“In practical terms there is a persuasive burden on the practitioner at a review to demonstrate that he or she has fully acknowledged why past professional performance was deficient and through insight, application, education, supervision or other achievement sufficiently addressed the past impairments”
36. The Legal Assessor advised the Panel that if it determined that the Registrant’s fitness to practise remained impaired then the Panel should go on to consider what sanction, if any, should be imposed and that all the options under Article 30 of the 2001 Order could be exercised by the Panel. He also advised the Panel that it should bear in mind the principle of fairness and proportionality and to have regard to the Indicative Sanctions Policy document issued by the HCPC.


Decision:
37. The Panel bore in mind that its first task is to decide if the Registrant’s fitness to practise is currently impaired.  Only if it is, should it go on to consider what, if any, sanction should be imposed upon his registration.
38. The Panel had firmly in mind that the purpose of this hearing was to conduct a thorough review of the Registrant’s current fitness to practise, including an assessment of future risk, in the light of what he has achieved since the last hearing to allay the concerns identified by the previous panel.
39. In reaching its decision, the Panel has considered all the relevant material and had regard to the HCPC Practice Notes on Impairment and the Indicative Sanctions Policy.  The Panel accepted the advice of the Legal Assessor.
Impairment:
40. Having regard to all the matters set out above the Panel found that the Registrant had continued to develop insight into his failings.  However, he had not worked as an Occupational Therapist since 2013 and had not demonstrated significant remediation.
41. In particular he had not shown evidence of CPD, training, education or reflection which would demonstrate that he had remediated the concerns identified by the 2016 Panel.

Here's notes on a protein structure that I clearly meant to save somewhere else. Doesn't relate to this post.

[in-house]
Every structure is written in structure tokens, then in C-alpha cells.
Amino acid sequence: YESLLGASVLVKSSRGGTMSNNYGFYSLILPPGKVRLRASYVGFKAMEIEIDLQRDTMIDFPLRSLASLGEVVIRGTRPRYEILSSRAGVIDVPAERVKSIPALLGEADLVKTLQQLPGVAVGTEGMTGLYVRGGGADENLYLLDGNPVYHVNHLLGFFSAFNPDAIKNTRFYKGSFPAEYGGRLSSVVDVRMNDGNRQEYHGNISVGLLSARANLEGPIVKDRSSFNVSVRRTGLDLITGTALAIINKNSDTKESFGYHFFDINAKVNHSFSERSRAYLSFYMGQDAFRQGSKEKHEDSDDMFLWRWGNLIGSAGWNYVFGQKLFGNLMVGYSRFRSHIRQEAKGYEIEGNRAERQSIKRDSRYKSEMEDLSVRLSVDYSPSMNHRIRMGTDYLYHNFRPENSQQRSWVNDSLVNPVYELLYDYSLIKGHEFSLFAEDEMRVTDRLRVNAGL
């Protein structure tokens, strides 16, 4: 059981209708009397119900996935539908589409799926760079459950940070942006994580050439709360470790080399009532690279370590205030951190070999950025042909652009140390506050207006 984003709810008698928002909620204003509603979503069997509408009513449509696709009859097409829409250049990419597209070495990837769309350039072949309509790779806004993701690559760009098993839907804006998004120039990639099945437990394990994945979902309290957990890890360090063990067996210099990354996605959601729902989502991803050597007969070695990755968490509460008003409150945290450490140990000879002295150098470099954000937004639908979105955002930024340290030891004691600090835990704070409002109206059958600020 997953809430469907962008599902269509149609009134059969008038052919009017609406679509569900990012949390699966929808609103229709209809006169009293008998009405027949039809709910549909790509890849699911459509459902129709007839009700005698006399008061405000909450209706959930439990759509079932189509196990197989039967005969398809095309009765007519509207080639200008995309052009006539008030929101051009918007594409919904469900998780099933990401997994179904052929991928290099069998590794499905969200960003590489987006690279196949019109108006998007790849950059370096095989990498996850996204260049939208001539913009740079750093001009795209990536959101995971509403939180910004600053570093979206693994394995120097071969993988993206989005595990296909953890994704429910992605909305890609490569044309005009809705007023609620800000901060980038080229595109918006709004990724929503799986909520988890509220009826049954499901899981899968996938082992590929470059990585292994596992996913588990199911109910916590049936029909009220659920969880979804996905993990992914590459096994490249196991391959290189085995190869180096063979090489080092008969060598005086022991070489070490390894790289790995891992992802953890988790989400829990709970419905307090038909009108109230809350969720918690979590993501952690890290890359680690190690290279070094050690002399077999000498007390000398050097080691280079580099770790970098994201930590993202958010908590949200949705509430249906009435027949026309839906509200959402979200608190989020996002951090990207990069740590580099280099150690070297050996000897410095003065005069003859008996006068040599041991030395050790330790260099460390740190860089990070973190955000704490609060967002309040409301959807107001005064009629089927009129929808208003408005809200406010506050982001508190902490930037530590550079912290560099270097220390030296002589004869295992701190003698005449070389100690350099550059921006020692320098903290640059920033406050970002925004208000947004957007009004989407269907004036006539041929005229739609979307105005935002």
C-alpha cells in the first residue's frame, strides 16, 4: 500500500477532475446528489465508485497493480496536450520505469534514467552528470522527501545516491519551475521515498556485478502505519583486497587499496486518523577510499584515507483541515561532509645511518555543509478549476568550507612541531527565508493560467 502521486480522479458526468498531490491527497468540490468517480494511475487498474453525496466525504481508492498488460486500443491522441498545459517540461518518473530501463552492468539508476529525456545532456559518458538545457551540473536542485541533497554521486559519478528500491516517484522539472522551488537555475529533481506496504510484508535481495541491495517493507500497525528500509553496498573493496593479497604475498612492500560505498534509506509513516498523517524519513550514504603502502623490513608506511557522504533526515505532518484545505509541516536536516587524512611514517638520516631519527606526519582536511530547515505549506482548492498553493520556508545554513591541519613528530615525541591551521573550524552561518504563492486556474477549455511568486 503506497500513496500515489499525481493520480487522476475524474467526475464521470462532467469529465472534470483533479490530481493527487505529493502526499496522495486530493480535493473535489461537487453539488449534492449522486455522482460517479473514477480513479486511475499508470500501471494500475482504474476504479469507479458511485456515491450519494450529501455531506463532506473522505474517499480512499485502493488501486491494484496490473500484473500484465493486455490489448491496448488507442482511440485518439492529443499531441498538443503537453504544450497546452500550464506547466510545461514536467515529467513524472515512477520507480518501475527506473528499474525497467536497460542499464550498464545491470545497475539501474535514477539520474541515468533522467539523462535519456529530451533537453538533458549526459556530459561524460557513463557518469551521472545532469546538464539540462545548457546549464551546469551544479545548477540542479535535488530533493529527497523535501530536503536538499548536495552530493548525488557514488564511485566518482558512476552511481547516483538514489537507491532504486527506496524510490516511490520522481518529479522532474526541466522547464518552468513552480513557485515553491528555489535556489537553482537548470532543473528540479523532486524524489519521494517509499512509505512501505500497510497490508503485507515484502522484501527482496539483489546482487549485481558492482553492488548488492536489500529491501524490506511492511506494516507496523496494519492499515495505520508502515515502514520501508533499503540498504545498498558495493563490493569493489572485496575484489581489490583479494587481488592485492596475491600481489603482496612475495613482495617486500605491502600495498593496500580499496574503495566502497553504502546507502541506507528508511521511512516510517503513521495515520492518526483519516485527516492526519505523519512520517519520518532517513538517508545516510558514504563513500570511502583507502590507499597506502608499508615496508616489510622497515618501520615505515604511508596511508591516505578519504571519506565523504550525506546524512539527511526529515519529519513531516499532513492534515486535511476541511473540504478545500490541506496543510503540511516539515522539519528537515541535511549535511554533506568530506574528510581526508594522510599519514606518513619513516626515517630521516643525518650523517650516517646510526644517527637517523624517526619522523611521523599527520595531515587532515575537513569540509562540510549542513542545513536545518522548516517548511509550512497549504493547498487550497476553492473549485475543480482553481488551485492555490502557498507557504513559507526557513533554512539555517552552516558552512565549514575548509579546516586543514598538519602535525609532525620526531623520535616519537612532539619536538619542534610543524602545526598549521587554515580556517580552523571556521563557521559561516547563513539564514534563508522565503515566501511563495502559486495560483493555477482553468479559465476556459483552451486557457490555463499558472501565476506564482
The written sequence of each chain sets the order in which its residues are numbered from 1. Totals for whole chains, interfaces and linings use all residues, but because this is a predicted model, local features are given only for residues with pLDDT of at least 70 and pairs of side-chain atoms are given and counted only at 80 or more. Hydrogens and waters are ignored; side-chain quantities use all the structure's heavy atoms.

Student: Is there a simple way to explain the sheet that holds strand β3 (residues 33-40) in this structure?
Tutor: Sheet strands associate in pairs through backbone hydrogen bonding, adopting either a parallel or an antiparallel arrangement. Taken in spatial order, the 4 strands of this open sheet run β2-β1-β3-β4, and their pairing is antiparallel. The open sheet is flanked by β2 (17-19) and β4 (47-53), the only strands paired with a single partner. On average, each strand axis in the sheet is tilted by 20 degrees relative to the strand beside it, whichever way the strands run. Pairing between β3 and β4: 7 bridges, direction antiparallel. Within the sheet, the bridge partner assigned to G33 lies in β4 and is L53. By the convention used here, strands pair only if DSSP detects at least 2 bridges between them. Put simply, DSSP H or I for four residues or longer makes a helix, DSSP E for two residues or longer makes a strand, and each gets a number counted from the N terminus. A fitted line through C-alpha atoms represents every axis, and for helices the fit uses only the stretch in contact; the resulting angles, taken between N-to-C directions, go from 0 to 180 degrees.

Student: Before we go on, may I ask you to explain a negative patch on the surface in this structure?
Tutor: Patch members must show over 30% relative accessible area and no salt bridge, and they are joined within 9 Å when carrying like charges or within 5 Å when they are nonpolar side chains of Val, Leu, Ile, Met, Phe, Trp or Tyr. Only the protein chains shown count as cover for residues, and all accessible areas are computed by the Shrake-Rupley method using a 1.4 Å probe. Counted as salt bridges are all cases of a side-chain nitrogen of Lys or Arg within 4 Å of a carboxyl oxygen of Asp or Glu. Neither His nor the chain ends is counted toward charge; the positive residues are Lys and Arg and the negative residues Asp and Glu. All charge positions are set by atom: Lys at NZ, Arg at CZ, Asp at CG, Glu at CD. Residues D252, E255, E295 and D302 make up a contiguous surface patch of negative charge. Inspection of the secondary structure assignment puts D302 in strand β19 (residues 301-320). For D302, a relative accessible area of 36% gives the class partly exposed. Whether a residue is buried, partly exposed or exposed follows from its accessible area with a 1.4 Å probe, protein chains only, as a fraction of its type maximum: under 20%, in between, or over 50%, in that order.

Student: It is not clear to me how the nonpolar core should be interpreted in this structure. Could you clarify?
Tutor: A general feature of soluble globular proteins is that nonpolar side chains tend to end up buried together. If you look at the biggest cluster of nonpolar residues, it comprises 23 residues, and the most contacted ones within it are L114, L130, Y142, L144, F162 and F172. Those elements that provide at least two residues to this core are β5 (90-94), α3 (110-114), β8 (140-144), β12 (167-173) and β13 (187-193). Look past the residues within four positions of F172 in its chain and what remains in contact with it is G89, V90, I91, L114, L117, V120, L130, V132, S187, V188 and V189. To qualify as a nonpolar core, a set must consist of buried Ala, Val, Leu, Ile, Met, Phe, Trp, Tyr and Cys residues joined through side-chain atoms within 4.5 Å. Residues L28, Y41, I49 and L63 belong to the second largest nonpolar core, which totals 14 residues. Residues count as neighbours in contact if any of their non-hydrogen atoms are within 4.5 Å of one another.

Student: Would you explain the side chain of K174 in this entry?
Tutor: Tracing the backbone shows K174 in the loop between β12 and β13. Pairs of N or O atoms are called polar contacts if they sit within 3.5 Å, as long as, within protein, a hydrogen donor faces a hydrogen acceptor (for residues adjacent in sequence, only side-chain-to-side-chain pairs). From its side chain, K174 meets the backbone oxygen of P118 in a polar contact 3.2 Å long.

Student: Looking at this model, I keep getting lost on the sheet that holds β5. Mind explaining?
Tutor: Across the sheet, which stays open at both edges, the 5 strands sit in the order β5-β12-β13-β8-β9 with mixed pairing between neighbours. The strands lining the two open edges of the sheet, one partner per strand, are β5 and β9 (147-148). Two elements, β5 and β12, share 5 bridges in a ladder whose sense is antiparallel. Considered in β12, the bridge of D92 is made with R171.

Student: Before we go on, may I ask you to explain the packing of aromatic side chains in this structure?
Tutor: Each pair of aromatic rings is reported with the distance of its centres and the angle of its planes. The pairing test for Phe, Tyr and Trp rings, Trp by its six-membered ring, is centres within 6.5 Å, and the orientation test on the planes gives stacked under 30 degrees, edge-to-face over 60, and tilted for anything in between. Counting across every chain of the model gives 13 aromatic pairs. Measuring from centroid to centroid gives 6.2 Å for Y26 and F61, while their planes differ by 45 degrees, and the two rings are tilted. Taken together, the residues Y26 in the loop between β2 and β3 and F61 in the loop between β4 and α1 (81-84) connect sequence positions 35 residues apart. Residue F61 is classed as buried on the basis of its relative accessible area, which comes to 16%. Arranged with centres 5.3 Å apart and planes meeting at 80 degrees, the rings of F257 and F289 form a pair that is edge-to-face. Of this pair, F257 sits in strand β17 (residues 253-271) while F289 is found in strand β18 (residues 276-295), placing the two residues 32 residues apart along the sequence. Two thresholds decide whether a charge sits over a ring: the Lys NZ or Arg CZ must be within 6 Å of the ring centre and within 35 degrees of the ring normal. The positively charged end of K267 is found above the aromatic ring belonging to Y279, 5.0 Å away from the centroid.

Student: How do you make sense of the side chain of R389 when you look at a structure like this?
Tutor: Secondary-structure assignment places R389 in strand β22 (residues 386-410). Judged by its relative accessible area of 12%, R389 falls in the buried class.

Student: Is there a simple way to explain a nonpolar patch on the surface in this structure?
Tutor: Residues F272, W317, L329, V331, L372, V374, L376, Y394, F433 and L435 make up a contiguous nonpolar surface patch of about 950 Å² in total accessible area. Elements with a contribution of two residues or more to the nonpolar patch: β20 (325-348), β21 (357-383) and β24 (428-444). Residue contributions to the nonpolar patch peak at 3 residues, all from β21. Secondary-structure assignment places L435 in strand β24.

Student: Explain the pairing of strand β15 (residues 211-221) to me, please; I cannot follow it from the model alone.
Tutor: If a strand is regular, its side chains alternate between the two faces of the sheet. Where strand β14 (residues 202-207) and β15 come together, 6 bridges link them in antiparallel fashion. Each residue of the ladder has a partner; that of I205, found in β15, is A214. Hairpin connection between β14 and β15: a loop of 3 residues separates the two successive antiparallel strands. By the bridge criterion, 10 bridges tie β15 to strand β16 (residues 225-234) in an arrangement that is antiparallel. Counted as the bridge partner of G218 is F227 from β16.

42. In those circumstances the Panel was not satisfied that the risk of repetition had been sufficiently reduced for it to be safe to allow the Registrant to return to unrestricted practice.
43. The Panel also found that it would be failing in its duty to promote and maintain public confidence in the profession and proper standards of conduct for the profession if it did not make a finding of impairment.
Sanction:
44. Having found the Registrant’s fitness to practise is still impaired, the Panel went on to consider, what if any sanction to impose on the Registrant.
45. The Panel had regard to the submissions of Ms Bragg and the Indicative Sanctions Guidance.  It also bore in mind its duty to protect members of the public and the wider public interest of maintaining public confidence in the profession and upholding proper standards of conduct.
46. The nature of the misconduct was too serious to make no order or to consider mediation. The Panel considered whether to impose a Caution Order, but decided that it was inappropriate, because it would not place sufficient restriction on the Registrant’s practice to protect the public.
47. The Panel decided that an extension of the current Conditions of Practice Order was the proportionate and appropriate sanction at this stage. The terms of the order were necessary to provide protection to service users and they have done so successfully throughout the period of the order since 2016.